For a very long time, we had been hoodwinked by the political class. Perhaps cajoled or coerced to assume rightly or wrongly that the North as it is presently constituted is one cohesive, united and indivisible homogeneous entity. A ruthless lie?
Yes, it may have been so in time past, when the Mallam Tafawa Balewas and the Sir Ahmadu Bellos of this world strode the surface of the earth and held sway dictating the political dynamics at the centre stage. That was the formative years of this geographic conglomerate styled Nigeria.
They, it were who propagated the gospel of unity and assemblage of northern brotherhood irrespective of tribe or creed. Consequently, everyone else of means or peasant queued behind them with certitude. Religion and other primordial sentiments were shelved for the good of all. They all wore smiling faces bellying their misgivings.
These two dynamic and visionary leaders, thorough bred gentle men and their disciples needled together the fabrics of northern ideology as a cosmic consciousness as well as fingerprint for generations unborn.
That patriotism and zeal and fervour is traceable to every true Northerner. Their (the two gladiators) overwhelming influence and charm and charisma kept everyone in line and in check. No one dared the apostles of old by voicing contrary opinions or detachment from the brotherhood. Everybody keyed into the discipleship of oneness.
The bond was strong and unassailable, squarely cemented for their common good. And of course every section of the North was made to feel the impact of governance. Indeed, Tafawa Balewa and Ahmadu Bello are the twin oracles venerated and almost worshipped as the founding fathers of modern politics of Arewaism. I should know better because a part of my umbilical cord was buried there. I am Nupe by reason of association.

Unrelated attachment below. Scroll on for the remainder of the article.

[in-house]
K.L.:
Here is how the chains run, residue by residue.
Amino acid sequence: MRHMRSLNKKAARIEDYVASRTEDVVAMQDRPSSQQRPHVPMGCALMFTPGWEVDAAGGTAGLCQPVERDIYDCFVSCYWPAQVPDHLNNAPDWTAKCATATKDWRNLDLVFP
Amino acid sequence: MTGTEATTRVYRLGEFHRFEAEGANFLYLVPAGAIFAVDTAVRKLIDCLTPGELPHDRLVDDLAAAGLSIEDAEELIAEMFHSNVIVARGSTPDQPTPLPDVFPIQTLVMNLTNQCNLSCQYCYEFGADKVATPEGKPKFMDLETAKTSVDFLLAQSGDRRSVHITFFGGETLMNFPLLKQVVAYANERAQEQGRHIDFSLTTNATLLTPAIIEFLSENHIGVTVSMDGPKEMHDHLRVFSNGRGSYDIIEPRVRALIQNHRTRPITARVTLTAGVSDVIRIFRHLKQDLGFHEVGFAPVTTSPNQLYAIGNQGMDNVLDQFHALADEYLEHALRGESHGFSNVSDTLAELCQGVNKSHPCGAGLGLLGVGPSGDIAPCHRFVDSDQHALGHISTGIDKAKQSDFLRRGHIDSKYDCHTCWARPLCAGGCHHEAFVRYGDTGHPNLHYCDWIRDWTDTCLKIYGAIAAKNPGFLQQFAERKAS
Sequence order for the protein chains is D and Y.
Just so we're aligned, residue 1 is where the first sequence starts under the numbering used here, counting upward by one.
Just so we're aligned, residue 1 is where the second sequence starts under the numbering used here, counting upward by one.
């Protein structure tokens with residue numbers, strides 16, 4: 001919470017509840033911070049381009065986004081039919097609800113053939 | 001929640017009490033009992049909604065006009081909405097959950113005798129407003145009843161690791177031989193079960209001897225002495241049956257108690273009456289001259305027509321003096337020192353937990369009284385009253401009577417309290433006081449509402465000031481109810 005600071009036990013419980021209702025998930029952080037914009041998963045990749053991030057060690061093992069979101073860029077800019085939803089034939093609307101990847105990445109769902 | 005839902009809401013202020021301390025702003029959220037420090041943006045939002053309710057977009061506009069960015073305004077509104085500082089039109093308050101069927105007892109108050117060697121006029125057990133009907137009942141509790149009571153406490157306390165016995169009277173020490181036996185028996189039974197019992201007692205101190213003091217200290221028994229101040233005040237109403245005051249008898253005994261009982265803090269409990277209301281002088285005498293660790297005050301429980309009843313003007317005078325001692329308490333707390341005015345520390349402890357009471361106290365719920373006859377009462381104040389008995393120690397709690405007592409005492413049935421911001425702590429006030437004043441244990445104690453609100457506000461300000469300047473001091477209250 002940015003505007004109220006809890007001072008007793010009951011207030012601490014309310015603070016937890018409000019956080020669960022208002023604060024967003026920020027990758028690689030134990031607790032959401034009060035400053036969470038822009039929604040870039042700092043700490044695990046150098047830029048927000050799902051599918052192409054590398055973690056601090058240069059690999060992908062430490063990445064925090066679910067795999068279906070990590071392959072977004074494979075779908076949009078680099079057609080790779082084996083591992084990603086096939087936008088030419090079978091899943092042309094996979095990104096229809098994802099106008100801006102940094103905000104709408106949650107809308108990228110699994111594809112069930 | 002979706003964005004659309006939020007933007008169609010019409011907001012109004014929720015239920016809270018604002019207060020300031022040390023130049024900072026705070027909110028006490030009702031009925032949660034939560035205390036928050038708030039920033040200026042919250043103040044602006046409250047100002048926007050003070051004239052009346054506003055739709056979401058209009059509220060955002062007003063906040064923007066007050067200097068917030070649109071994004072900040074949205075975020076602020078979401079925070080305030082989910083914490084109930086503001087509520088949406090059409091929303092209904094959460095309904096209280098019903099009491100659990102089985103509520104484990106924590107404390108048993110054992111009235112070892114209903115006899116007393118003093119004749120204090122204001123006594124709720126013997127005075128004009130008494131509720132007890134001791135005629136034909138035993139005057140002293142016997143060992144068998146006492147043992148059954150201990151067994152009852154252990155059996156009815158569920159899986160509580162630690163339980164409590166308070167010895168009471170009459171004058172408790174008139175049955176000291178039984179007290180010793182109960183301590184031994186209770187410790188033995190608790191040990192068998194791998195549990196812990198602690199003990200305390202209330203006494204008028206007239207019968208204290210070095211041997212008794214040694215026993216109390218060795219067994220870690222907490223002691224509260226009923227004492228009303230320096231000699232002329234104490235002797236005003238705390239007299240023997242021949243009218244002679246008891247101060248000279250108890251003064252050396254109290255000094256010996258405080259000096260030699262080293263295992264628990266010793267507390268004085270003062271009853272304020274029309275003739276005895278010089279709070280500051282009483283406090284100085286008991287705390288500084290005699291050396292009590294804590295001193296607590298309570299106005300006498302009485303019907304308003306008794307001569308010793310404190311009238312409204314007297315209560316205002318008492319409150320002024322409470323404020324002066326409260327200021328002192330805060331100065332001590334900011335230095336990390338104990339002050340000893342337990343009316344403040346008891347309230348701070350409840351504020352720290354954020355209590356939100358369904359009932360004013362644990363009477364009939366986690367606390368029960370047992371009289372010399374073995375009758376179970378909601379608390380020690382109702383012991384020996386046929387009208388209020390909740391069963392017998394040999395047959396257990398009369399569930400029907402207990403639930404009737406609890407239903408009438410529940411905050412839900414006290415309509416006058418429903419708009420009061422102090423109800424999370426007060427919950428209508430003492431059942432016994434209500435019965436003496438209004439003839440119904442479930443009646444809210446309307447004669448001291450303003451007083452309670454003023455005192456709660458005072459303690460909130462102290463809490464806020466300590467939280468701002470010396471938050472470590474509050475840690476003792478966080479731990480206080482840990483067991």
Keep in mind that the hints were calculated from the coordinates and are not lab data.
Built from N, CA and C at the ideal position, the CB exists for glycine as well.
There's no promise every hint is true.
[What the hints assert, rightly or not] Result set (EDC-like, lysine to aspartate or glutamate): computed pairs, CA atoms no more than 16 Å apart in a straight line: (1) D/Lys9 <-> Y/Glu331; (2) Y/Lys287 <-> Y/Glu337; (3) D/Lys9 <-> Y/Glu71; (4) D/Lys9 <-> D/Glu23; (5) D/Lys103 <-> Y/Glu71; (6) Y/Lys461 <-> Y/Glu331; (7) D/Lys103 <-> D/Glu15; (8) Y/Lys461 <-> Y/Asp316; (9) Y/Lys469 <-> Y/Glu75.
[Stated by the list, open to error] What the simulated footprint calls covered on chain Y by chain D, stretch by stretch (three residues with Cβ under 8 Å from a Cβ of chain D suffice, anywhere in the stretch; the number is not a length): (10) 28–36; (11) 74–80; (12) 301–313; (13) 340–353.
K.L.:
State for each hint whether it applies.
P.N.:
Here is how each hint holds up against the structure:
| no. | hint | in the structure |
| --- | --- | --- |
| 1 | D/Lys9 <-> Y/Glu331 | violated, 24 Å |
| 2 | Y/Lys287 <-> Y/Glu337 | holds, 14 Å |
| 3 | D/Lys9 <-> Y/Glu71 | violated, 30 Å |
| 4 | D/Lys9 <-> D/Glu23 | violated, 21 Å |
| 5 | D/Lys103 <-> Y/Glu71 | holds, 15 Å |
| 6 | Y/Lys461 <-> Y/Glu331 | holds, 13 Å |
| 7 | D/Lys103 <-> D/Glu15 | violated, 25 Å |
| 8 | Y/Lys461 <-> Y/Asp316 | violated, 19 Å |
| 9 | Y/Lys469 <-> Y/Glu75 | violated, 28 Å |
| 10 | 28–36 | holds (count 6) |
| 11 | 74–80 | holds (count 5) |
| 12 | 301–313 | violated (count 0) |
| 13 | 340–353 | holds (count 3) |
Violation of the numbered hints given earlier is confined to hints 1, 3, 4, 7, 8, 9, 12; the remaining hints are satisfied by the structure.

That tradition, to some extent is gradually fading into the annals of history. But now we know better. The North is as cumbrous, as fragmented and as polarised as the South. Here in the South, unity is spoken only by a few discernable patrons. Babel is better understood in this clime. We are as divided as day and night or sun and moon.
Unfortunately the North is equally exhibiting similar deviance as a result of recent socio-political and economic realities. Therefore, forging a common front is an herculean task. It is not surprising that different nationalities are creatively trying to reconstruct a new narrative of inclusiveness and absolutism.
May be these tendencies are floated as a result of the dysfunctional political polemics inherited from our heroes past. Tongues are wagging and heads are leaping above the calmness of our sleepy waters.
This is the new narrative, the new euphemism for regional cleavages. Rightly tendered in the pressure cookers of regional politics. There is growing awareness, if you like enlightenment about individualism and self-worth. People are beginning to aggregate to champion common interests. Why?
Because the wider blanket of Arewaism is not able, as it were to capture the peculiar challenges thrown up by modern day Nigeria. Besides, the blanket is getting old, weak and unwieldy. In today’s politics, there is a greater desire to gravitate towards smaller units or atomization. That way, you can confront your troubles and challenges more effectively and efficiently.
The word is atomisation of political molecules. To the best of my mind this is what underscores the formation of the North- East Governors’ Forum, spearheaded by a no less cerebral revolutionary, in the person of Governor Babagana Umara Zulum of Borno State.